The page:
4 differences between high school and college English courses
By the time students reach their freshman year of college, they will have already taken four separate English courses. It likely seems that students know everything there is to know at this point, but once students reach the college level most of the old rules go out the window. There are several differences between high school and college English courses of which most notably is the time and independence required. If students can prepare for these differences, they’re more likely to do well in their challenging university-level classes – our Orange County private high school and college English tutors are here to help.
1. The 5 paragraph essay
By the end of high school students will be pros when it comes to writing a five-paragraph essay. In fact, it seems that the whole world must be written in five paragraphs because this particular format is given such emphasis throughout a student’s high school experience. Unfortunately, most college professors disregard this format almost straight away. This can be a tough sell for students who have molded their writing to fit within five paragraphs since they were a freshman. However, getting away from this format is a great thing for students and allows more independent thought as well as the ability to write about what’s important rather than trying to meet a specific word count. Most college papers have a required word count range allowing student writers to get an idea of their scope of work without being too strict or limiting.
2. Scholarly works cited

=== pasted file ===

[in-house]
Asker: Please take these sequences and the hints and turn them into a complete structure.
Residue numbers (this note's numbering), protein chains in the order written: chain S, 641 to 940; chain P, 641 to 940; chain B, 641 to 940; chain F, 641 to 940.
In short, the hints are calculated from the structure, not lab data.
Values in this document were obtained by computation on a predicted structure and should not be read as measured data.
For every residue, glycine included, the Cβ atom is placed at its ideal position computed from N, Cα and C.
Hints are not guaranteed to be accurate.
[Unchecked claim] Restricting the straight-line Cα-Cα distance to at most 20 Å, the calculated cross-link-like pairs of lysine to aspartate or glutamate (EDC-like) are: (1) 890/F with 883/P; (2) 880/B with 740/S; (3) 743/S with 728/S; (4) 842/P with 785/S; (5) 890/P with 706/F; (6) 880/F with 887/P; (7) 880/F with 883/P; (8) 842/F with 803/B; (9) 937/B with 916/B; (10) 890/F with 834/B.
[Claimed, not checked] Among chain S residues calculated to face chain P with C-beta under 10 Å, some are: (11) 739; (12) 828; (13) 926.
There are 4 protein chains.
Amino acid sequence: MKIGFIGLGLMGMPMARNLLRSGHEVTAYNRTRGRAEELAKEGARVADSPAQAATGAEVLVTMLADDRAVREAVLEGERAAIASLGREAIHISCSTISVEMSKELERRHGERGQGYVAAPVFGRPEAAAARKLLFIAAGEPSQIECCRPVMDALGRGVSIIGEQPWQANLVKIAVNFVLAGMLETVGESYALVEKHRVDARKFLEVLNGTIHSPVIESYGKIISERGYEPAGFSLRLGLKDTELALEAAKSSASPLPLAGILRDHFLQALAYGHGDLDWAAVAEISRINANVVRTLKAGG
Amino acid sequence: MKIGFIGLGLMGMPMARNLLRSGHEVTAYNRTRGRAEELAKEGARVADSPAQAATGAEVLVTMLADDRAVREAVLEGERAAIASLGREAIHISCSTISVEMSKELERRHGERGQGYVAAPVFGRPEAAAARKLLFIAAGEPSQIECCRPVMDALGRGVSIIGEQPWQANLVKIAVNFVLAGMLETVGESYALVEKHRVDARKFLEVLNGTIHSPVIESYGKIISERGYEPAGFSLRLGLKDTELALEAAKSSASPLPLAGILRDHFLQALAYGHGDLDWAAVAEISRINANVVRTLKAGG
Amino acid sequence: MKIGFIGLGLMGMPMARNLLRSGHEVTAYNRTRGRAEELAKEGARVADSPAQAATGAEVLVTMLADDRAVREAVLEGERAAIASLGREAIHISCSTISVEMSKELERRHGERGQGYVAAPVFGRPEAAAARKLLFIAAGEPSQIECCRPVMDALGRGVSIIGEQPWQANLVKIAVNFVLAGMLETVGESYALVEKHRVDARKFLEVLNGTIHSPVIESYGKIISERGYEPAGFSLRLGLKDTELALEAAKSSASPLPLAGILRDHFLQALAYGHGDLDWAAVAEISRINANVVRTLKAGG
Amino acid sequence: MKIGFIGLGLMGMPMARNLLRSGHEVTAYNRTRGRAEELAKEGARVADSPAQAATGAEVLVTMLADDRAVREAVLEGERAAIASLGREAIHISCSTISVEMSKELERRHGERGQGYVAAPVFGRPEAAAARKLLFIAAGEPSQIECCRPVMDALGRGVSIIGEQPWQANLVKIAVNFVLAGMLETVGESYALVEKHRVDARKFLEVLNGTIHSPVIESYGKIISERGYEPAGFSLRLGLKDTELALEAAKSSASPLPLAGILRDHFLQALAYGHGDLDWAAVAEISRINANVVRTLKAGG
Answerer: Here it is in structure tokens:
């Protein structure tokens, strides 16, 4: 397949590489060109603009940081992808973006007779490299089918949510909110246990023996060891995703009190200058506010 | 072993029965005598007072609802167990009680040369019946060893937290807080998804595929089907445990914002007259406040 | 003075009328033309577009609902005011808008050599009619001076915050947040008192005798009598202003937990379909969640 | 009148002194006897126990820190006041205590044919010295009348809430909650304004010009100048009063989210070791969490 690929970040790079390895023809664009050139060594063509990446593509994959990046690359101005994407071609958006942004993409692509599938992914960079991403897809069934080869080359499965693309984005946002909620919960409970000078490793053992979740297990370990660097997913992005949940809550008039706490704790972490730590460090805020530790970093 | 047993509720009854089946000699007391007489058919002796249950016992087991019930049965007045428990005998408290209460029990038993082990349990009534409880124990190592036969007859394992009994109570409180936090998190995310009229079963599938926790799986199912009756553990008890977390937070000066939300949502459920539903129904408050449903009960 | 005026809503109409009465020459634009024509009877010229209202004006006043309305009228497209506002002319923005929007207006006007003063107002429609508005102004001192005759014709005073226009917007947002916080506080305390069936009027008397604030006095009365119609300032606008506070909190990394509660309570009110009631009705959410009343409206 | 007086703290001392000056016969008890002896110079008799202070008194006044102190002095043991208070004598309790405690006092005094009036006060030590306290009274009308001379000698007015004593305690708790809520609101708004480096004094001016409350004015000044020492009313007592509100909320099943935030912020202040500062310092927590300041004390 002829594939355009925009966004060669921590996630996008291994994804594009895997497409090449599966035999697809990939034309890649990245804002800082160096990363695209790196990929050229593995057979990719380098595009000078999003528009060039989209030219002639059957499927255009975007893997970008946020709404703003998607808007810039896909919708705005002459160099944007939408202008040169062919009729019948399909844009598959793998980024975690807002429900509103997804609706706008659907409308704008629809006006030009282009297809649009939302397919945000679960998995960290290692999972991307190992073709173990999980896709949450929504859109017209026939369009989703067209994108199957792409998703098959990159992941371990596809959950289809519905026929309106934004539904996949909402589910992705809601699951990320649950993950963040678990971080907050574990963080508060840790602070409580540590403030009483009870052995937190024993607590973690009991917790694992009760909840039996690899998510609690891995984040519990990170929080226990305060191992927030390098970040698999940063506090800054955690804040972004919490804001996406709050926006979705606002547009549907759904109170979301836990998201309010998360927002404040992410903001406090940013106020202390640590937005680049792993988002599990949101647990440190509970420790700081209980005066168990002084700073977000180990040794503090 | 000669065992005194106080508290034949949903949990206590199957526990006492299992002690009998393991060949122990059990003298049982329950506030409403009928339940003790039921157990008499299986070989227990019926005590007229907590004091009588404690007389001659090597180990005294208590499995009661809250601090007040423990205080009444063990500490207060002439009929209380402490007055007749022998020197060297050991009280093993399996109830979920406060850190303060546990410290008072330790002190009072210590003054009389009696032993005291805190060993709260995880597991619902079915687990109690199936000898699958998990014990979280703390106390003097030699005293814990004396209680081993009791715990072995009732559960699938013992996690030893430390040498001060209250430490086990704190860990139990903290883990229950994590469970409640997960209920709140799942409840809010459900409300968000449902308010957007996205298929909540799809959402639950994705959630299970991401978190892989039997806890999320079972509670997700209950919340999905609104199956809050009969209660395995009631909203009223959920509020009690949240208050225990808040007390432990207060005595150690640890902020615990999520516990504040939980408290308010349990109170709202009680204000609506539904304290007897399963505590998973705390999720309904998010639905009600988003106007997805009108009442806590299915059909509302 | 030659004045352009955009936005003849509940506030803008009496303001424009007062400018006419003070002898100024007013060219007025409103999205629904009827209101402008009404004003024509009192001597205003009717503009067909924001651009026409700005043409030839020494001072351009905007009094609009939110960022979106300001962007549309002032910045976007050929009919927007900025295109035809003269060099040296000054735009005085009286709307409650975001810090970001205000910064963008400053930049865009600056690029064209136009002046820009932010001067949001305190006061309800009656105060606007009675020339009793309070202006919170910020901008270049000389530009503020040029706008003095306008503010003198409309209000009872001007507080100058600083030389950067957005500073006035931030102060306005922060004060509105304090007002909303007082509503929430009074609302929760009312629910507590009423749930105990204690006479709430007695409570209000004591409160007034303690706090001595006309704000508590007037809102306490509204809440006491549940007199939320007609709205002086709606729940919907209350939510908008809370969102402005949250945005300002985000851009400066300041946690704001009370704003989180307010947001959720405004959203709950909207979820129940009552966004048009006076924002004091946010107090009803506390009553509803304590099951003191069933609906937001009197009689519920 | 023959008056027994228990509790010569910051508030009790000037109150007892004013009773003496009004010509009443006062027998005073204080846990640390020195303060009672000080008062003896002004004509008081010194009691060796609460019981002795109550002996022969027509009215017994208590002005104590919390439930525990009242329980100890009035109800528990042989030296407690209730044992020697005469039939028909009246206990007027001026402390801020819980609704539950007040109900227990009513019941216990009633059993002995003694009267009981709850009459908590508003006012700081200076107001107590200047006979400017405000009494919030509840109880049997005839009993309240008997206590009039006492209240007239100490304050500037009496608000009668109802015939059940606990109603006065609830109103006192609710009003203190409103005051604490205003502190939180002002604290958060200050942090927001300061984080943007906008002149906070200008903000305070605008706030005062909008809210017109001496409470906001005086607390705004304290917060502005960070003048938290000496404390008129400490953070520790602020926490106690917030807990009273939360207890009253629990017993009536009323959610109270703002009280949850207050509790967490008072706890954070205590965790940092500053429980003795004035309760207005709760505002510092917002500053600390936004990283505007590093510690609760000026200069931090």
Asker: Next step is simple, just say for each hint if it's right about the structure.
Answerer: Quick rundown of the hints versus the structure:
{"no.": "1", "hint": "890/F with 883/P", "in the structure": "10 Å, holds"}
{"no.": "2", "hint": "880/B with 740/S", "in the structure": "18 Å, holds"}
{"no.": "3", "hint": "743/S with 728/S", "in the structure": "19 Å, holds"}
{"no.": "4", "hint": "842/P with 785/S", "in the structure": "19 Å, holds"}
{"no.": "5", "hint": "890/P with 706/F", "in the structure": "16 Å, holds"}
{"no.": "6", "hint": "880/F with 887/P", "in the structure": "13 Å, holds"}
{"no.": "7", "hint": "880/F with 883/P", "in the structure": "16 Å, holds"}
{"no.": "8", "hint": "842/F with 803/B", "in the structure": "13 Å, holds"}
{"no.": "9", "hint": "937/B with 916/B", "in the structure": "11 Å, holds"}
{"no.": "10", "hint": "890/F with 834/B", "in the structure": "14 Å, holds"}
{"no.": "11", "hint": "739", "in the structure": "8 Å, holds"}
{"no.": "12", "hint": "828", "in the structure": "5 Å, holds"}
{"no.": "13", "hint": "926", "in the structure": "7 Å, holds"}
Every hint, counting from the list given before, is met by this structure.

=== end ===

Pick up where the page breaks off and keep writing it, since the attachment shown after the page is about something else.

College students will be utilizing scholarly sources to a much higher degree than they did in high school. It’s important for students to familiarize themselves with the campus library and know how to tell the difference between a scholarly journal and a basic credible source. This can be more difficult these days because almost everything is found online, making it harder to distinguish between a scholarly article and a basic one. Students should start by looking for an abstract and an author with three letters after their name to help them get an idea if they’re on the right track (READ: 5 Things That Can Ruin Your Study Time).
3. More time, more revisions
In general, high school students will have to write a rough draft and final draft when it comes to essay writing. However, once they get into college, they may find that they’re writing four or more drafts before they create something they can turn in to the professor. Students often need to change their thesis once they start doing extensive research or may find that their original idea was either too broad or too narrow. This means a lot more effort on the part of the student as well as excellent time management skills. Students are given three or four weeks to complete their essay from start to finish, but they will likely need the majority of this time to deal with those extra drafts.
4. Complex thought processes
In high school, students mainly work on an analytical essay or an argumentative one and often take a position on one extreme or the other. Once at university, students will be asked to look at several different sides of an argument and perhaps come up with a thesis that lies within the gray area of the two opposing opinions. This requires a much more complex thought process and can certainly be mentally fatiguing. Students working all hours of the night will often find that the ideas don’t come to them as quickly as they wanted. It’s a good idea for students to carve out a specific time in their schedule or work with a study group where they can brainstorm for different ideas.
Whether you’re in high school or college, do well in your English classes with the help of private Orange County English tutoring from TutorNerds.
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